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Bonnett Weaved His Way to a 1980 Win at Pocono

Throughout their 60-year run in NASCAR, the Wood Brothers racing team has been known for its innovations back at the shop and on pit road. Sometimes, it’s been their drivers who pioneered new tactics.

In the 1980 Coca-Cola 500 at Pocono Raceway, Neil Bonnett, driving the No. 21 Mercury Cougar, prevailed over Buddy Baker in a battle that saw 19 lead changes in the final 56 laps, with Bonnett and Baker accounting for 17 of them. The two exchanged the lead nine times in the last 22 laps before Bonnett took the lead for good with four laps to go and beat Baker by .06 seconds to get the victory.

Eddie Wood remembers that when Bonnett was out front, he would move around on the race track in an attempt to disturb the air and get away from Baker. “It was the first time I remember seeing anyone trying to vary their line to break the draft,” Wood said. “When Neil came off Turn Three he’d drive straight to the inside wall and then back to the outside wall before getting into Turn One. Doing this raised a lot of eyebrows, but he was able to pull away from Baker in the closing laps by doing that.”

Bonnett’s sixth career win was memorable for other reasons too. Richard Petty crashed hard into the Tunnel Turn wall after blowing a tire. The impact broke his neck, although initial reports said it was only sprained. Petty didn’t miss any races after that but needed relief from Joe Millikan in several events. And the Pocono race saw Baker and Cale Yarborough engage in a fender-rubbing battle to the line for the runner-up spot, with Baker shaking his fist at Yarborough, prompting Bonnett to weigh in on the spat in Victory Lane. “Neil said Baker was the only driver he knew who could shake his fists out both windows of the car and still drive it,” Wood said.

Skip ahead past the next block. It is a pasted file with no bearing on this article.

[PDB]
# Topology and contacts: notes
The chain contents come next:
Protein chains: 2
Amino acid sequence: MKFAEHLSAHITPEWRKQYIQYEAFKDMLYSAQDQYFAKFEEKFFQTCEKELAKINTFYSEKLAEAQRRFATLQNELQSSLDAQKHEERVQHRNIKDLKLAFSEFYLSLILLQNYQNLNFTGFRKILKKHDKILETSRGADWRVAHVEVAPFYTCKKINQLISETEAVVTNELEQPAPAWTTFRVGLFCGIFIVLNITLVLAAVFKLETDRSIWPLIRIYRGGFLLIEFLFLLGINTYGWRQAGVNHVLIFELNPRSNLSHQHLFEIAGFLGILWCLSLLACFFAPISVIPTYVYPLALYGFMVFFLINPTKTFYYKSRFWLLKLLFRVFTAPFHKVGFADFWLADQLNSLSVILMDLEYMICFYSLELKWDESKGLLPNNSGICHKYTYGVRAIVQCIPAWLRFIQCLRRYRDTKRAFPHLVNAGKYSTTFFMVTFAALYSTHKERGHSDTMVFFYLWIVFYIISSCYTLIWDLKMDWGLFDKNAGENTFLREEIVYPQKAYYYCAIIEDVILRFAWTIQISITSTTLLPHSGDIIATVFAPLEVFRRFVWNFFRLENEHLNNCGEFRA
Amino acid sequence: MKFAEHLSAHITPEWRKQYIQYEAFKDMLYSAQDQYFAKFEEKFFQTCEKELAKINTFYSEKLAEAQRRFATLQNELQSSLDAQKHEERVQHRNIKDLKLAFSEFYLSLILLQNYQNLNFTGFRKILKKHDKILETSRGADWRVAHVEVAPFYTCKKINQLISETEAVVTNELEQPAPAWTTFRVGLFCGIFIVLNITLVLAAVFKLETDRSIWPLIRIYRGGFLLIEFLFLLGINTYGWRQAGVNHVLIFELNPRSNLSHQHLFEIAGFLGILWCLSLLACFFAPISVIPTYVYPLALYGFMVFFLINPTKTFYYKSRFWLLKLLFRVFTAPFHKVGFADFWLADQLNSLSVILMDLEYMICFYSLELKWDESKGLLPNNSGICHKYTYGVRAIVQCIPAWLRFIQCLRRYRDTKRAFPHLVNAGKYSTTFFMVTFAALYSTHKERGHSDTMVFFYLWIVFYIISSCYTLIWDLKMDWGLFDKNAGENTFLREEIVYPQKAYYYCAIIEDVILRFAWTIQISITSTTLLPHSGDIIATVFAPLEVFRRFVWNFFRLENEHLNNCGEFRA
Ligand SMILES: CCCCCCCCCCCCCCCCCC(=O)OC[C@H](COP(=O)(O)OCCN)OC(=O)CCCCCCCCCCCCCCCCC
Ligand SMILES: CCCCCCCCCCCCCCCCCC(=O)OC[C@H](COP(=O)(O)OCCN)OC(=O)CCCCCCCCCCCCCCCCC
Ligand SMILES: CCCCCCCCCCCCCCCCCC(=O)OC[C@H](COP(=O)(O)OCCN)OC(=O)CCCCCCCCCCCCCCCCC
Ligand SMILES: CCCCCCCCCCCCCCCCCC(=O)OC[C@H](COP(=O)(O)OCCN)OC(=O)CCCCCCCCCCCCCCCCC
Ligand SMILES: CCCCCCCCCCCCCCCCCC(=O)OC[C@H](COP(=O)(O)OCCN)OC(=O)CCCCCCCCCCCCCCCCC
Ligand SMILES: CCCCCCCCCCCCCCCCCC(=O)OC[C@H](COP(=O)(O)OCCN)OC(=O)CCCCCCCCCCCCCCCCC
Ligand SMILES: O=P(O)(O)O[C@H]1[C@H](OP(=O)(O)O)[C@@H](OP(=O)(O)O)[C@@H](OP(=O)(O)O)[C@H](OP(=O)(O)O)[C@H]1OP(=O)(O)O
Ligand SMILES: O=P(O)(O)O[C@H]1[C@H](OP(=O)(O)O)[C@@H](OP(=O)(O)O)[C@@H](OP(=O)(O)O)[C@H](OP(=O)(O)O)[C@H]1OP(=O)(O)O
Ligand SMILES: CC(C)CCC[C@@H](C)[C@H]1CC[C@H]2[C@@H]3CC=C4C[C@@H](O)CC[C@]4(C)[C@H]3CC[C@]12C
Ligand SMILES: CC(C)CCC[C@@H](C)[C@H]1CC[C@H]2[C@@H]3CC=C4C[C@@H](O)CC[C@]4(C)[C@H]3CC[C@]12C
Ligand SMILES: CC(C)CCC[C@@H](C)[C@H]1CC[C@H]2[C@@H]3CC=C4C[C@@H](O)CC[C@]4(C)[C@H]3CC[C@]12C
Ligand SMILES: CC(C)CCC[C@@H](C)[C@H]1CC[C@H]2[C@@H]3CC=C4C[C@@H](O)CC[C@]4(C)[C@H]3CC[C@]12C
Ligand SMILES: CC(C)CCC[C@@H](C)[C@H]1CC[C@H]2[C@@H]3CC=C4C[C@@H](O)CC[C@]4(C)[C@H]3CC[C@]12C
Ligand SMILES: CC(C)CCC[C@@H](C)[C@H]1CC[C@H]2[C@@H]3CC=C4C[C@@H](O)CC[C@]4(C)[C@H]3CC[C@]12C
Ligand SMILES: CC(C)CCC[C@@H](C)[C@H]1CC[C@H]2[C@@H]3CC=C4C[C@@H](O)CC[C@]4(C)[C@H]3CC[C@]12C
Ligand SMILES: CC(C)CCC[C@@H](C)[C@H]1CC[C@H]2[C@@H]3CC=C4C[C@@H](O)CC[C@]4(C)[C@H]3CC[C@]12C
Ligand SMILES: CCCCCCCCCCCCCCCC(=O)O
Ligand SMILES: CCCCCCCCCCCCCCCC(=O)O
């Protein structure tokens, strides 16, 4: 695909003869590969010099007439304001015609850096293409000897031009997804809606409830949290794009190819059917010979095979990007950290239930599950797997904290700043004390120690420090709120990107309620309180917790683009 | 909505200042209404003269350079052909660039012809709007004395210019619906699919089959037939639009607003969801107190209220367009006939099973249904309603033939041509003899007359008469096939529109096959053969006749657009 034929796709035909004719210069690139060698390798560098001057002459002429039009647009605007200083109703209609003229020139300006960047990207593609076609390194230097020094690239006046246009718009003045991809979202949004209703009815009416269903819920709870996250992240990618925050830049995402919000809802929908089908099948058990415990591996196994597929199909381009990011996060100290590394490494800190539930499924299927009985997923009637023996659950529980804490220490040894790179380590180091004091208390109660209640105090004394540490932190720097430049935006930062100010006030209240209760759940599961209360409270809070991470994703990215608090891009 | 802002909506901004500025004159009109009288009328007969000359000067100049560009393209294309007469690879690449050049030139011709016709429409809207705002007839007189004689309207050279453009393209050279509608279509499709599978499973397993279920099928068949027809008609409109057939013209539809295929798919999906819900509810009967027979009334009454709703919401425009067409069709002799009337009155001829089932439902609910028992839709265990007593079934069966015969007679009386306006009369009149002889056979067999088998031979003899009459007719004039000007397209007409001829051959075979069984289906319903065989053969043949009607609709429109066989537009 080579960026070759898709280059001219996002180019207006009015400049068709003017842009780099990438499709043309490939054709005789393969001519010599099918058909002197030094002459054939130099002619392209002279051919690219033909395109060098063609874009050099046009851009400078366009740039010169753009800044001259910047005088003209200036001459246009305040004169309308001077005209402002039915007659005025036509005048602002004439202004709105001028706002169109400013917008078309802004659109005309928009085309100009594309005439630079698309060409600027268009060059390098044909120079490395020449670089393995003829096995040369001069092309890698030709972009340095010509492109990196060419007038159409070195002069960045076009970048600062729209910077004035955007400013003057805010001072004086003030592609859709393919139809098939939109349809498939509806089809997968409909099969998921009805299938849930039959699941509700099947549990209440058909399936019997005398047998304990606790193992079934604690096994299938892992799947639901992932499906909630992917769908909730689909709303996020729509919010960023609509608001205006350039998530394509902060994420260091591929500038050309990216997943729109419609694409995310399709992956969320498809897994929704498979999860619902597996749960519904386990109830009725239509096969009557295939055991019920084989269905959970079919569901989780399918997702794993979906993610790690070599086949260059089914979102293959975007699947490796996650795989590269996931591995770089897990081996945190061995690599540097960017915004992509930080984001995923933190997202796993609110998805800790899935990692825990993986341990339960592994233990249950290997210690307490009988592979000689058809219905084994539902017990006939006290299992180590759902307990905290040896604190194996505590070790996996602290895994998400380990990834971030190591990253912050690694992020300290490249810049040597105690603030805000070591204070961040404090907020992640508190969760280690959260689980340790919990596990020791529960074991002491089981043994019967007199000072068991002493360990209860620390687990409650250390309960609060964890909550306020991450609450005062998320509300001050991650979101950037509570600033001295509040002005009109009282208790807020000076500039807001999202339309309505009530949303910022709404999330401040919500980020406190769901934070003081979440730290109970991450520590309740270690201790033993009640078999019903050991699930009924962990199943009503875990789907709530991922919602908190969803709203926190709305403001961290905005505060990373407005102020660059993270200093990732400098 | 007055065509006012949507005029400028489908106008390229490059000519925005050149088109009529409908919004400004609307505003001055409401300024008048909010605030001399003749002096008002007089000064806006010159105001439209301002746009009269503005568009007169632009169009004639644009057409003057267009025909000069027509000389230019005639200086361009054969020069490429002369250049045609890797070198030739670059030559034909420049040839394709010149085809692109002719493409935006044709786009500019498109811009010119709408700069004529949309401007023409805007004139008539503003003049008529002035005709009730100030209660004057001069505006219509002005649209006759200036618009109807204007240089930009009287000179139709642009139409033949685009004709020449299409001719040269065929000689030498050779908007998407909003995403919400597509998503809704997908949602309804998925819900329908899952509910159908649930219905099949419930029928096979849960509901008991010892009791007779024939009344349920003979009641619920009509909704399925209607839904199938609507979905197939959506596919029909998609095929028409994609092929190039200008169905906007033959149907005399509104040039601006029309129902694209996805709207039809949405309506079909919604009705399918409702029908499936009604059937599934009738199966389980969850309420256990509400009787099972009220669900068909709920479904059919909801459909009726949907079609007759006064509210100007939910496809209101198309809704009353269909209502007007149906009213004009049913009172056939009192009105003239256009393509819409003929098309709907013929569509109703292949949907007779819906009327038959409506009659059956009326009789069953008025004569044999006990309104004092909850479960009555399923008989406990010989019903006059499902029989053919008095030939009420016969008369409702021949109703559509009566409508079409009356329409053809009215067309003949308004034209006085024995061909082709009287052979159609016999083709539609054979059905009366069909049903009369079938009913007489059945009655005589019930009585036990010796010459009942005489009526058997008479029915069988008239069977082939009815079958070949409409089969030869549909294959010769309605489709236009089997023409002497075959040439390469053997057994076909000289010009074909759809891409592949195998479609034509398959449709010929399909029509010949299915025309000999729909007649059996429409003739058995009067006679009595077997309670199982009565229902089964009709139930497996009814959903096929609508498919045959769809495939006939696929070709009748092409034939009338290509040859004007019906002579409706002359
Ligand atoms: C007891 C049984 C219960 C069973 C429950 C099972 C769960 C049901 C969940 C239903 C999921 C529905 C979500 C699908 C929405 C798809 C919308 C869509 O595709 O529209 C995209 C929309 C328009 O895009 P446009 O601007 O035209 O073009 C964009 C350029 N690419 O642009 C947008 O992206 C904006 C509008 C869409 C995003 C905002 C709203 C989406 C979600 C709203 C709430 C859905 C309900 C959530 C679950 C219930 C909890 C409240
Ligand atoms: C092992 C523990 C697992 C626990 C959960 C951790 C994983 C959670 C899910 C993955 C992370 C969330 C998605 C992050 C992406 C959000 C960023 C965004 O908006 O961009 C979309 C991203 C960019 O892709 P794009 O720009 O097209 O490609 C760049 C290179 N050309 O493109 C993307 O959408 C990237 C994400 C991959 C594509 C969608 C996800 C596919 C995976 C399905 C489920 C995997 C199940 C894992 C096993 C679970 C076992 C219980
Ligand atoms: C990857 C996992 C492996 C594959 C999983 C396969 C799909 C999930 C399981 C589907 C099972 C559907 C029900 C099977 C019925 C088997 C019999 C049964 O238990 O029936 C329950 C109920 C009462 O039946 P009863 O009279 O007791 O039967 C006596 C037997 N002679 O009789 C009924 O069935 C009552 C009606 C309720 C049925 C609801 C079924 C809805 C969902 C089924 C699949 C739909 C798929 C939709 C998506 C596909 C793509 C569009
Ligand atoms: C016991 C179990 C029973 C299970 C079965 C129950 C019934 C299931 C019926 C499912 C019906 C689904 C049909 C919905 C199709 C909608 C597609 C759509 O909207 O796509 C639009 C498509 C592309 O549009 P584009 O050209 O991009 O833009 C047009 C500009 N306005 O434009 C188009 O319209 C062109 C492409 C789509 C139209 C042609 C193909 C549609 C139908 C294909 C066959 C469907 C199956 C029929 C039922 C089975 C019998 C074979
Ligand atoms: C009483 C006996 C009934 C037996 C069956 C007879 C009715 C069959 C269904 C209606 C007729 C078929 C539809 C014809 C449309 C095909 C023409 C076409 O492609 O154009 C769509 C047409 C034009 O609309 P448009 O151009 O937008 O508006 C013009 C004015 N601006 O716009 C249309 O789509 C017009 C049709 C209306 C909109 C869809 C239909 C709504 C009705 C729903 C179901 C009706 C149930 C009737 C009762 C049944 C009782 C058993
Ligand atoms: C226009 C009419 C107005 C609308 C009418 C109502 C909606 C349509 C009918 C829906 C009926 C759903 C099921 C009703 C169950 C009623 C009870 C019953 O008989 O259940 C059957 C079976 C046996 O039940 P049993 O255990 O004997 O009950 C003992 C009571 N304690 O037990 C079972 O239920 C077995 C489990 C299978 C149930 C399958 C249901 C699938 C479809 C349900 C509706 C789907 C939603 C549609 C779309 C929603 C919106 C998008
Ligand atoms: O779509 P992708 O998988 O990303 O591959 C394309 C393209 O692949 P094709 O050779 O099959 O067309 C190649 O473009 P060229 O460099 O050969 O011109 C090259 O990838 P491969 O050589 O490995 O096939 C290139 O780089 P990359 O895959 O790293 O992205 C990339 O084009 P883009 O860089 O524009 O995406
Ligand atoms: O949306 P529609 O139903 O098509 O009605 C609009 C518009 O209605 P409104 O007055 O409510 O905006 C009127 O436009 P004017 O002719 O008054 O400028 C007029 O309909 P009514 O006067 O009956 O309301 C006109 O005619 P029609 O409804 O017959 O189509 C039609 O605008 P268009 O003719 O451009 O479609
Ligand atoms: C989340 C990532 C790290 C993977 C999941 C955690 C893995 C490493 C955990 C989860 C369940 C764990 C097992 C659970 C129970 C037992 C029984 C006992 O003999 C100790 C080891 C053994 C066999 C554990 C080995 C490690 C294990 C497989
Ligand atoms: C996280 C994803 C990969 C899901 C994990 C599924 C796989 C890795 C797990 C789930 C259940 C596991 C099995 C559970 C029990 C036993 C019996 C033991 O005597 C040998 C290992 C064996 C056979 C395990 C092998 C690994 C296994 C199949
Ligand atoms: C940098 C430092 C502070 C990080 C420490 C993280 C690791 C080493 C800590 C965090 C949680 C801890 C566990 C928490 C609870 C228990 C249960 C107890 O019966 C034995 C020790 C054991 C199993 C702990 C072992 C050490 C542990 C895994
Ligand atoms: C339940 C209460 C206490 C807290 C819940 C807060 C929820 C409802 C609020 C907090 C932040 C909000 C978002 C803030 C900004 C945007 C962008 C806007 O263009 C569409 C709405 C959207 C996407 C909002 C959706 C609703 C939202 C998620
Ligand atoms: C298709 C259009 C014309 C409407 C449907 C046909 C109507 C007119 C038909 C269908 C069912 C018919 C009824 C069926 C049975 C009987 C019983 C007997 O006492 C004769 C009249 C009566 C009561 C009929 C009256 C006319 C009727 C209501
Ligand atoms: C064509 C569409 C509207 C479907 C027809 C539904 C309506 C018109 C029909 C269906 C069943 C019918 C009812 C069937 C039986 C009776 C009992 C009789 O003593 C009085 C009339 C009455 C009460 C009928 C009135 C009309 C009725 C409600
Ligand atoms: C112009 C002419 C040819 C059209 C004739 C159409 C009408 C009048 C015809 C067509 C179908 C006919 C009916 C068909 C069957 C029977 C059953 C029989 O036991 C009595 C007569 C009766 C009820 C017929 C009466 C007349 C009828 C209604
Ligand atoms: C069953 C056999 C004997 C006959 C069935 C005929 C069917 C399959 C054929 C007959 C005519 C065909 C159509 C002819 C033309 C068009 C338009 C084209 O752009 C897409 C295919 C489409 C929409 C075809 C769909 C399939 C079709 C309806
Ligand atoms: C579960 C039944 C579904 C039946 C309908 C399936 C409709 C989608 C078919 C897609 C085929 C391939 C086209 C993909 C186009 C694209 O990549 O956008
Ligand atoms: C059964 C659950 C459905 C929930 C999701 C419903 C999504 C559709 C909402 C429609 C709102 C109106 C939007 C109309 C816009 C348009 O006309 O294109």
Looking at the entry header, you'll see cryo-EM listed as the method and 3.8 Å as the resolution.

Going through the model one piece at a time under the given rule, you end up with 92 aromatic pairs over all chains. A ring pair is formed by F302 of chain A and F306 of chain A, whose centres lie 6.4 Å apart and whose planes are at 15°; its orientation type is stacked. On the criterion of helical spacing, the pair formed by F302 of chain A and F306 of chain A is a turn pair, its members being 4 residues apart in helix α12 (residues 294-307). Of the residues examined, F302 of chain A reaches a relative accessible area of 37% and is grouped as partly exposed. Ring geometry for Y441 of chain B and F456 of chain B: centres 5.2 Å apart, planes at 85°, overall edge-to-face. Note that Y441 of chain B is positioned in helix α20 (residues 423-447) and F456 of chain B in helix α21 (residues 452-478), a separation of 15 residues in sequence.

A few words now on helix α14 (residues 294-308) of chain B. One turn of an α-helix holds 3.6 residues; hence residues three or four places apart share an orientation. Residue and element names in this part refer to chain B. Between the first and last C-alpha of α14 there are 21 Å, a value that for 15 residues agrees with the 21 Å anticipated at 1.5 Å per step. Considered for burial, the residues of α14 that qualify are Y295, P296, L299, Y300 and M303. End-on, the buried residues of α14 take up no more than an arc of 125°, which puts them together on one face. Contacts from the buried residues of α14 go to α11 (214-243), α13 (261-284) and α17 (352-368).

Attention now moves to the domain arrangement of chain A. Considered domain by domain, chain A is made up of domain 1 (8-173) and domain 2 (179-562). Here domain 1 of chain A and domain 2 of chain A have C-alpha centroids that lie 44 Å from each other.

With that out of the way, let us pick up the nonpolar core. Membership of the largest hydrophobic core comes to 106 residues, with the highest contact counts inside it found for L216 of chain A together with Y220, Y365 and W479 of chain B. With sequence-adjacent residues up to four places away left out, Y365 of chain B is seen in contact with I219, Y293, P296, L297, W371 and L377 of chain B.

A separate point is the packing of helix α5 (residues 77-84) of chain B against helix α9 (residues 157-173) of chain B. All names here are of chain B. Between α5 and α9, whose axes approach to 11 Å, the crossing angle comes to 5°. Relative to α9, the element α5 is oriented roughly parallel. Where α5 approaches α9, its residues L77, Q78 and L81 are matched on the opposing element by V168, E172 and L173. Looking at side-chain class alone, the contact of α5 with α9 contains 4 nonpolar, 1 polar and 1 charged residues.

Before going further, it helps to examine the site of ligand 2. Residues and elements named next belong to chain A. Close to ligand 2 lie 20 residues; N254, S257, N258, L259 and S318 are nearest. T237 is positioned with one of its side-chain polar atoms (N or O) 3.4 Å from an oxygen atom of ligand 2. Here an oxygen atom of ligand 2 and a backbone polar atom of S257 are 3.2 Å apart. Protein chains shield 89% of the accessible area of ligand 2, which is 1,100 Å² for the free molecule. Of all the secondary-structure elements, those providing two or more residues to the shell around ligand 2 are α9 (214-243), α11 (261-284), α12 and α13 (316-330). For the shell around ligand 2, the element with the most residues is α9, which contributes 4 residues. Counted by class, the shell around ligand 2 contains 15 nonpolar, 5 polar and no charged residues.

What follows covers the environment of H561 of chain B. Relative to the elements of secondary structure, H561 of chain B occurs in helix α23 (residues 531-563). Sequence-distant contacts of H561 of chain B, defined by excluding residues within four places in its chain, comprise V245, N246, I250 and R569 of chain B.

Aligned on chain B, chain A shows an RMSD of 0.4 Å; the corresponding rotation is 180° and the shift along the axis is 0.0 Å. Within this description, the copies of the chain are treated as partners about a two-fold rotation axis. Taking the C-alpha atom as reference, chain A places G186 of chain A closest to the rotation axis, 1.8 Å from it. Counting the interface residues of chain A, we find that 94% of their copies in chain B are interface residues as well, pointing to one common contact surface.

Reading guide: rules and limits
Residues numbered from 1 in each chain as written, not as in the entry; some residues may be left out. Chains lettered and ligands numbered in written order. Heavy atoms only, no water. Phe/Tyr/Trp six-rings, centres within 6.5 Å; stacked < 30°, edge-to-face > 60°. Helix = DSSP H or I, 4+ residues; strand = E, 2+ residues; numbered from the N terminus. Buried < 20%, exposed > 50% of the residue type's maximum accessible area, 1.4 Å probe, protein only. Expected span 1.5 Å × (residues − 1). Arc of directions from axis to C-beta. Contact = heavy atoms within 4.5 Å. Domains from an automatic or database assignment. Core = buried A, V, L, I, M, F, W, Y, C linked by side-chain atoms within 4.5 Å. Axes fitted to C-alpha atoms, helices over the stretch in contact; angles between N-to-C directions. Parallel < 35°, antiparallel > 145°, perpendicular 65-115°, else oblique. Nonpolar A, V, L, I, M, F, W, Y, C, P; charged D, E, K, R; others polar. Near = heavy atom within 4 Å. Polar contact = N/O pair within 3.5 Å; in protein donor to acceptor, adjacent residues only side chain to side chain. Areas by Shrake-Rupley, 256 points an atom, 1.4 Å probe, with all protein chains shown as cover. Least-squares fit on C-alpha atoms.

The Pocono victory wound up being the next-to-last NASCAR victory for a Mercury product. (Bonnett also won the next week at Talladega in the Woods’ Mercury.) After the 1980 season, NASCAR changed its rules, dropping the wheelbase for Cup cars from 115 to the 110 inches that it still uses today. The change was made because the auto manufacturers had begun building smaller cars, and NASCAR’s strategy was to keep its race cars as close to production vehicles as possible. The Woods converted one of their Mercury Cougars into a 1981 Ford Thunderbird, but found the process more trouble than it was worth and built the next one from scratch.

The dramatic change in race cars was much like the recent switch from the conventional car to the Car of Tomorrow, as race teams were concerned about giving up a proven, reliable vehicle for an all-new, basically unknown one. Although there were early concerns about the handling characteristics of the smaller car, the switch worked out just fine for Bonnett and the Wood Brothers. They won at Darlington, Dover and Atlanta during the 1981 season. “And we were fast at a lot of other places too,” Wood said.

The Wood Brothers, driver Bill Elliott and the No. 21 Fusion will return to Sprint Cup action on June 11-13 at Michigan International Speedway.